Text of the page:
In Clarence's Time - Charles Lowe and the Casa Rosa

Skribita de Susie Bicknell on .

Susie Bicknell writes...Charles-Lowe-24996

I was looking through this website on famous people connected with Bordighera and came across this on Charles Lowe 1828-1909:
Born in Gibraltar in 1828, he dedicated to international trade with South America and managed to accumulate a considerable fortune. He moved to Bordighera along with the British colony who chose to stay in our city. In Bordighera he bought the 'Casa Rosa' (Pink House), a villa that had a small chapel.In October 1878 after having bought a land near the Anglican church he built the first tennis court in Italy, and founded the Lawn Tennis Club. In 1902, Lowe gave the City a land of 6,000 meters with the charge for common to operate in perpetuity of the land so donated to public gardens. Lowe, generous benefactor of the Anglican Church, gave the city land would arise where the Victoria Hall, the bowling and Tennis Club, he died on Easter day of 1909, to 81 years.

“Charles Lowe followed his father into the shipping trade, and such was his business acumen that he managed to amass enough of a fortune to enable him to retire from business life at the age of 48. It was 1876, and by this time the English had already  discovered the Italian Riviera and migrated there in large numbers. The idea of escaping the rigours of the English weather was appealing to Lowe, whose health was by no means robust, and he decided to join his compatriots in what was by now a sizeable ‘expat’ colony. He bought an unpretentious property called 'Casa Rosa', which contemporary reports describe as 'hardly more than a cottage'. However, he also bought a considerable area of land to go with it, most of which, in a spirit of pure philanthropy, he gave away to the local community over the following decades.”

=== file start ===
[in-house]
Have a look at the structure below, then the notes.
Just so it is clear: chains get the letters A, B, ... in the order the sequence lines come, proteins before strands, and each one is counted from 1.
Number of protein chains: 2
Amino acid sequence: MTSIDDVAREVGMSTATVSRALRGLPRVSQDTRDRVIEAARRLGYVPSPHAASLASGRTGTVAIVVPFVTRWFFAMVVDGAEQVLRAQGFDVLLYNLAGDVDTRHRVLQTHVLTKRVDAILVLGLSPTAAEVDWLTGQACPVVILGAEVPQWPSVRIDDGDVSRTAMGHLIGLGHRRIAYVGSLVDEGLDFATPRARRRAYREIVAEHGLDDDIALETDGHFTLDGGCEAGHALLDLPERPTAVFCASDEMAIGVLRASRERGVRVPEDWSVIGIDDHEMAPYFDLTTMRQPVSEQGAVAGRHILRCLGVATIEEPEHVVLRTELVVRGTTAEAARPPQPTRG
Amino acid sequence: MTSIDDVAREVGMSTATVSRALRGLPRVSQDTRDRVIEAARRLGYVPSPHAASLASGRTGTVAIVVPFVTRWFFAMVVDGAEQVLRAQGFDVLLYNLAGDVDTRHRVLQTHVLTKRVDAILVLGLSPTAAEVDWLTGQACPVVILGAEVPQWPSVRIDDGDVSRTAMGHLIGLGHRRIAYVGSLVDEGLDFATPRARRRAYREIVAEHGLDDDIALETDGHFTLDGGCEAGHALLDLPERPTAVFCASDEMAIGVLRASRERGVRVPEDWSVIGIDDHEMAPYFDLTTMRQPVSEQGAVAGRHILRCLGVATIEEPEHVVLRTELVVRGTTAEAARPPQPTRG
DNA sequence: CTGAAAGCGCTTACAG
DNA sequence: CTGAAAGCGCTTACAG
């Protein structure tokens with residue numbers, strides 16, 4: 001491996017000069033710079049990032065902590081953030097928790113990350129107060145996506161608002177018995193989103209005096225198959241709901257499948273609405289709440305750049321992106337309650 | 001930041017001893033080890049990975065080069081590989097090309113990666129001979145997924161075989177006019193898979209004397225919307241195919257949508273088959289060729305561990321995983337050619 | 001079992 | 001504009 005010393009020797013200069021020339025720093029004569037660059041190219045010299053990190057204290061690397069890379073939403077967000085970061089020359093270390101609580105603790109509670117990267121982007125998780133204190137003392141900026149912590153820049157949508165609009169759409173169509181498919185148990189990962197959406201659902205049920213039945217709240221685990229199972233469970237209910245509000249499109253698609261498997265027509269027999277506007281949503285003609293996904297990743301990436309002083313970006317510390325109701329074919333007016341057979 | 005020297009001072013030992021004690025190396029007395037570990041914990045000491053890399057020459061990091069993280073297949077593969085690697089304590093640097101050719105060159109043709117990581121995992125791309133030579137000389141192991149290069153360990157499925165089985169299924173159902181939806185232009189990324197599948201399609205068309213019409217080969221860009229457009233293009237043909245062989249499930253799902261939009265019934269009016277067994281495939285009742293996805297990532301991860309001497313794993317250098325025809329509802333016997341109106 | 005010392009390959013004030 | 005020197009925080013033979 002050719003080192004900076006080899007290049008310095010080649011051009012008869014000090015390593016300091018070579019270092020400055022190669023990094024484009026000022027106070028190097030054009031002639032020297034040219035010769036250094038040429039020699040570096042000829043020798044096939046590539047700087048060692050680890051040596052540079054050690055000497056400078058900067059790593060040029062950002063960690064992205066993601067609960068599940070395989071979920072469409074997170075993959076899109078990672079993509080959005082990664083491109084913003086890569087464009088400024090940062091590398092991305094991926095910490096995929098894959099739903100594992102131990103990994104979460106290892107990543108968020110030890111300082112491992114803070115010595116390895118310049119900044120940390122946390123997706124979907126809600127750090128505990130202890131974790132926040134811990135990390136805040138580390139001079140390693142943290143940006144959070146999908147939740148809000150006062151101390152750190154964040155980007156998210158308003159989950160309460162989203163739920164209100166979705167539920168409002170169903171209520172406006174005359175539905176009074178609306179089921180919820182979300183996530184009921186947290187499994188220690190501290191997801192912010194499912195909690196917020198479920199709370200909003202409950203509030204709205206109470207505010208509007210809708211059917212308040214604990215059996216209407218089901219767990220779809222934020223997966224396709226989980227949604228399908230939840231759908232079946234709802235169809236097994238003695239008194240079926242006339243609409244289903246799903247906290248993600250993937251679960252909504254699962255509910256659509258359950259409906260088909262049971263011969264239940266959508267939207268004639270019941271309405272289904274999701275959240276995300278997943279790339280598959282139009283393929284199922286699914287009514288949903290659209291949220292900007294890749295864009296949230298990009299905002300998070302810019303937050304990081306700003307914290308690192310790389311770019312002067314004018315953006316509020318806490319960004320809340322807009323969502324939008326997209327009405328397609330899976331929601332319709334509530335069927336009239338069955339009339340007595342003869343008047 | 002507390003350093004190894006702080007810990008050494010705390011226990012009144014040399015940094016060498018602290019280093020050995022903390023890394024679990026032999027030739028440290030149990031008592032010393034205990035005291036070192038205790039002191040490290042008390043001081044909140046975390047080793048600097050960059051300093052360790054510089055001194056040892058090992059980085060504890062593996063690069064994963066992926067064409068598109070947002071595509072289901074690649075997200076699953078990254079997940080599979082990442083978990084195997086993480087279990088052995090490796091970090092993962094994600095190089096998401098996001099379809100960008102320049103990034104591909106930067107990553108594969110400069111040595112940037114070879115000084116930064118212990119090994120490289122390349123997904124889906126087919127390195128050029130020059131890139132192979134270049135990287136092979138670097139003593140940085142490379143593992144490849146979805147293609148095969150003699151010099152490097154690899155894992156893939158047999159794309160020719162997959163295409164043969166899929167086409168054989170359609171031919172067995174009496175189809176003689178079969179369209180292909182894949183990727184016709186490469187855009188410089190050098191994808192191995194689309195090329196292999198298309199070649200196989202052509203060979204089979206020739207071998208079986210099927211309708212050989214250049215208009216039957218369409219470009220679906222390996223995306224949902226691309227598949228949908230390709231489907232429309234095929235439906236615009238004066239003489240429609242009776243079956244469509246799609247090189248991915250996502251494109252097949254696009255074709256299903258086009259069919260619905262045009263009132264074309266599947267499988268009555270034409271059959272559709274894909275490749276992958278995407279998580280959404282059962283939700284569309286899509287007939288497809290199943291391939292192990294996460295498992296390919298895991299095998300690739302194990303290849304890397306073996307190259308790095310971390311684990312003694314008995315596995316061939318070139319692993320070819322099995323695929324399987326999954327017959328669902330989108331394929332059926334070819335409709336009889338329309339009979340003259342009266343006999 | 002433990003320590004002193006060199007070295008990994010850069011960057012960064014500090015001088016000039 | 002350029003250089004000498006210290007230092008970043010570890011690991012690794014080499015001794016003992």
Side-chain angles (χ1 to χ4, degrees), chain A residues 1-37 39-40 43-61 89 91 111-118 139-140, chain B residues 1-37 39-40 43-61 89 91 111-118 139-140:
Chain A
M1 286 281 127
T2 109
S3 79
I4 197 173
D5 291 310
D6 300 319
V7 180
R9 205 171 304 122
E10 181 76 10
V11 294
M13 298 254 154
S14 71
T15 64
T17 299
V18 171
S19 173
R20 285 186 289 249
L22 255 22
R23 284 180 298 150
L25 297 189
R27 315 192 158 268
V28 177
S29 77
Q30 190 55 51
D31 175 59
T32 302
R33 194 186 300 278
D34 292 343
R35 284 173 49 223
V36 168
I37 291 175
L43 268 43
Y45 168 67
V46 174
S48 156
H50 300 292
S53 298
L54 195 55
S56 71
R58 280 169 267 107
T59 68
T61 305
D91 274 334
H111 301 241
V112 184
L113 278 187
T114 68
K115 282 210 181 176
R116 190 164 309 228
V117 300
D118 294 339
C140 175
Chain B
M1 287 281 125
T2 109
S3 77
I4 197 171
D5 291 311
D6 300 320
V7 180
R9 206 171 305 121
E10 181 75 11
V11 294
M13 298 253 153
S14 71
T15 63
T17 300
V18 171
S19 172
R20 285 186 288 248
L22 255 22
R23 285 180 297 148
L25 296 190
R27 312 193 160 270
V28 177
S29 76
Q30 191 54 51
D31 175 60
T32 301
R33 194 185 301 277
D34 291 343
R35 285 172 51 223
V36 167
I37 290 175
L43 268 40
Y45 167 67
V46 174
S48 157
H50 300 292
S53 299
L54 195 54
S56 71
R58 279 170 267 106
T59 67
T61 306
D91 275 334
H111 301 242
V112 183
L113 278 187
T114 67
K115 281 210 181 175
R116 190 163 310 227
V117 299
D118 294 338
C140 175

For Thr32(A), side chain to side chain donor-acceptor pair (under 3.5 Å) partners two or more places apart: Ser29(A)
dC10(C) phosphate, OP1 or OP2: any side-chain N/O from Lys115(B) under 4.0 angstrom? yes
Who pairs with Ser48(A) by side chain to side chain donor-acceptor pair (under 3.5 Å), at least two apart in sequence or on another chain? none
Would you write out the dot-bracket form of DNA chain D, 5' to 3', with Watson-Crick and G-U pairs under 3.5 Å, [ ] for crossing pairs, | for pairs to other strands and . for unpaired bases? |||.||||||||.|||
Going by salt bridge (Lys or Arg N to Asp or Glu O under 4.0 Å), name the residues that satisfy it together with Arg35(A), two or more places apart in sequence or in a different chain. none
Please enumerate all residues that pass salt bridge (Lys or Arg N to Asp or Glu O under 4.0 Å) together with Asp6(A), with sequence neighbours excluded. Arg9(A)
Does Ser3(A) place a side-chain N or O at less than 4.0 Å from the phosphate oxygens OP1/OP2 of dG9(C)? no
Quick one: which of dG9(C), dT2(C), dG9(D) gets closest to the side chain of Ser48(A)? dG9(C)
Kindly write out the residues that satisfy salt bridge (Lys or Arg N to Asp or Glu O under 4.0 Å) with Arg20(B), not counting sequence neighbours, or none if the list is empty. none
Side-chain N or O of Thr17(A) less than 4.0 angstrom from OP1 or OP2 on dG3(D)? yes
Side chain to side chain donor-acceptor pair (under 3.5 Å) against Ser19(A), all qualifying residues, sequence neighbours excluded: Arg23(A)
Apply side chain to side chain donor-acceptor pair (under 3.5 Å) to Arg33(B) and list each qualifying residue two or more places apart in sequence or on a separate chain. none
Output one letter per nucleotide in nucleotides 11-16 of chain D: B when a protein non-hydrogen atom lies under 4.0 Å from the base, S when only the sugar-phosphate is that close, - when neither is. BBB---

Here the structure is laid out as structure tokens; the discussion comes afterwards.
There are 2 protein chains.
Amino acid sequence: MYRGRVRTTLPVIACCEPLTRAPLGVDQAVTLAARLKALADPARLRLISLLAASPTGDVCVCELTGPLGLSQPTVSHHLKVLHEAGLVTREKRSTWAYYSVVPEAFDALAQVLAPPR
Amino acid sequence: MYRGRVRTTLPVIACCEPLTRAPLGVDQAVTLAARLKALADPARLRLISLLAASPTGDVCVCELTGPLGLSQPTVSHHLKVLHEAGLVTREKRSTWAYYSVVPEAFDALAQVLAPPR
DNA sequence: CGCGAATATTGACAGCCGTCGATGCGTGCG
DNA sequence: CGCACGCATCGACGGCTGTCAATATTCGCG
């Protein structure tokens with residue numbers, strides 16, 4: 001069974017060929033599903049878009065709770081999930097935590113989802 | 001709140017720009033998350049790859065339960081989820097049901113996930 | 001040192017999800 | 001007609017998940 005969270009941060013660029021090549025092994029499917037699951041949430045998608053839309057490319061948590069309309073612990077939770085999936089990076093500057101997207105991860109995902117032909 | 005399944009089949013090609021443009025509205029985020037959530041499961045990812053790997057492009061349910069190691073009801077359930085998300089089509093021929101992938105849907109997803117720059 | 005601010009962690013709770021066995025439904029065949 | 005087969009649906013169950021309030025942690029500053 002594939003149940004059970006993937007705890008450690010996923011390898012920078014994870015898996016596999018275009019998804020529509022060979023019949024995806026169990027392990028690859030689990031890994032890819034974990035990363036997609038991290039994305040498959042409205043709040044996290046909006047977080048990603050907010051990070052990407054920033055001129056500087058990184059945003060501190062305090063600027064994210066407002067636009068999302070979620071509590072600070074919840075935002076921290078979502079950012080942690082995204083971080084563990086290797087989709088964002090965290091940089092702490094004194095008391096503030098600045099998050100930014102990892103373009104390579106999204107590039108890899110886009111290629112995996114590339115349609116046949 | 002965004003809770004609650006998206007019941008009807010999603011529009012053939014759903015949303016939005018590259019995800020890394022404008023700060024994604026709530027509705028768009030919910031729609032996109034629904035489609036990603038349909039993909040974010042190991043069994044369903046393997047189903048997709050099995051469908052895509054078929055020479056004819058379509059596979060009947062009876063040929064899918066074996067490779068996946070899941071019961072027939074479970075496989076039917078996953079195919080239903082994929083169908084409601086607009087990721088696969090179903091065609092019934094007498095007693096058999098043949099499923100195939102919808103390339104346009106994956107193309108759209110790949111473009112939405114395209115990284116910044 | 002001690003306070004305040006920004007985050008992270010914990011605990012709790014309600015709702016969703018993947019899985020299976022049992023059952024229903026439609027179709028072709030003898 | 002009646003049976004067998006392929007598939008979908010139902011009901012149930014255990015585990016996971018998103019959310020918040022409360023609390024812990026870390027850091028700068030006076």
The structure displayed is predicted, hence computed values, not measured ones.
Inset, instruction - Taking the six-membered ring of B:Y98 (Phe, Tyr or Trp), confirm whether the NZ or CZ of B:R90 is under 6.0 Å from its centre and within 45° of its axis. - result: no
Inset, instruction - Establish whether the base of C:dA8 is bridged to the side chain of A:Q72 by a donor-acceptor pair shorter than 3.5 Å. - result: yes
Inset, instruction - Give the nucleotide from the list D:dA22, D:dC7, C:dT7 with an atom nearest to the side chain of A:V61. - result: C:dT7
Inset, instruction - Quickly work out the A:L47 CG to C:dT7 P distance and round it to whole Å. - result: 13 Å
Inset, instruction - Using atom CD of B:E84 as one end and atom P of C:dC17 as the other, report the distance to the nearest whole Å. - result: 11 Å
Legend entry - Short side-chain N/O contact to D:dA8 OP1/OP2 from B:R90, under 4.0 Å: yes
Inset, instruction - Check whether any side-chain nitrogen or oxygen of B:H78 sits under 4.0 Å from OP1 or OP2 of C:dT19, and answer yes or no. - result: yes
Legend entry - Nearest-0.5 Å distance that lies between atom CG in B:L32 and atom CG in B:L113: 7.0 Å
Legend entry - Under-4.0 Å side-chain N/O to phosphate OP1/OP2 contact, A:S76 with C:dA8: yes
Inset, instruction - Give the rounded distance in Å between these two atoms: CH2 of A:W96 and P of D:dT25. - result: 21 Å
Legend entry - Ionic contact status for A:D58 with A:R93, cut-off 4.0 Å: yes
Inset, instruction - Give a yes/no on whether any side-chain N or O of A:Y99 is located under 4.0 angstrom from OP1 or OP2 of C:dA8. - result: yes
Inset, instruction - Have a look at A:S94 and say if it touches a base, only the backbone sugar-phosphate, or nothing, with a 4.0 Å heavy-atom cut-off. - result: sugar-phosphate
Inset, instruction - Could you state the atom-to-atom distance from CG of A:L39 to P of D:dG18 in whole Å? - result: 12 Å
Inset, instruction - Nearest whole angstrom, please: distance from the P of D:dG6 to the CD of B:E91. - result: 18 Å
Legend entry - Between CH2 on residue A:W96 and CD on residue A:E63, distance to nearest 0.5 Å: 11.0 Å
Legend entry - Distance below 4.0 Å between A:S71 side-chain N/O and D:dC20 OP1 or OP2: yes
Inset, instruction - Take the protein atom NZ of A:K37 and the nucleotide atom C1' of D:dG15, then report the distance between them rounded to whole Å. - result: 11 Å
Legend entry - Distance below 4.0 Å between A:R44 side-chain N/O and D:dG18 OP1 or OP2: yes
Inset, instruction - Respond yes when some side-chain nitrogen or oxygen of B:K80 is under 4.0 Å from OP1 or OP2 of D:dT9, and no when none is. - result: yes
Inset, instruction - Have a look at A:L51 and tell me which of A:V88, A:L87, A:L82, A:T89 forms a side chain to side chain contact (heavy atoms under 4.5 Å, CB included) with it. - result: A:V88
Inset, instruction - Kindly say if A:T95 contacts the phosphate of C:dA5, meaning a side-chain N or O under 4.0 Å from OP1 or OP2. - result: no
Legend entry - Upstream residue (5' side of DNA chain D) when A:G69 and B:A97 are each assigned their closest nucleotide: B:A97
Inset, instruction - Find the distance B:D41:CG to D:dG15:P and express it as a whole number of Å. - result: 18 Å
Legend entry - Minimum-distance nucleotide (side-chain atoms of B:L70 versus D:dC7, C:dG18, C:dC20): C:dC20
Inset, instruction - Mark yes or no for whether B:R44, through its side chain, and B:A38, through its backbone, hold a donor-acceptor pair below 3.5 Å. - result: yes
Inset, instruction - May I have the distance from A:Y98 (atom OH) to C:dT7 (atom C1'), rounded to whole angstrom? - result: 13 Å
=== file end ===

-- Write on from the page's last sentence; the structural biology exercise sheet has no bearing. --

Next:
So I presume Lowe sold the Casa Rosa to Rev Charles Fanshawe Walker.  It sounds as if he would have got on with Clarence :

“Charles Lowe had also given the land for a public garden in the centre of the town. This is known to this day as 'Giardini Lowe', and so many townsfolk have such happy childhood memories of playing there that it has its own Facebook page. It is the only example of his name being attached to one of his good works: this self-effacing man held no public office other than that of churchwarden at the church in Bordighera. His lifestyle was austere in comparison to that of those around him - he travelled second class rather than spend large sums on his own comfort. He treated his servants as friends and often referred to them as his 'faithful stewards', even arranging for his Bordighera gardener to come to England so that he could say farewell to him from his deathbed. It is no wonder then that his obituary in the Devizes & Wiltshire Gazette of 15th April 1909 describes him as 'an admirable type of man in the true sense of the word.' “

I don’t think so far any letters between Lowe and Clarence.

Cheers Susie


See also the posting here in the blog from February 2015..

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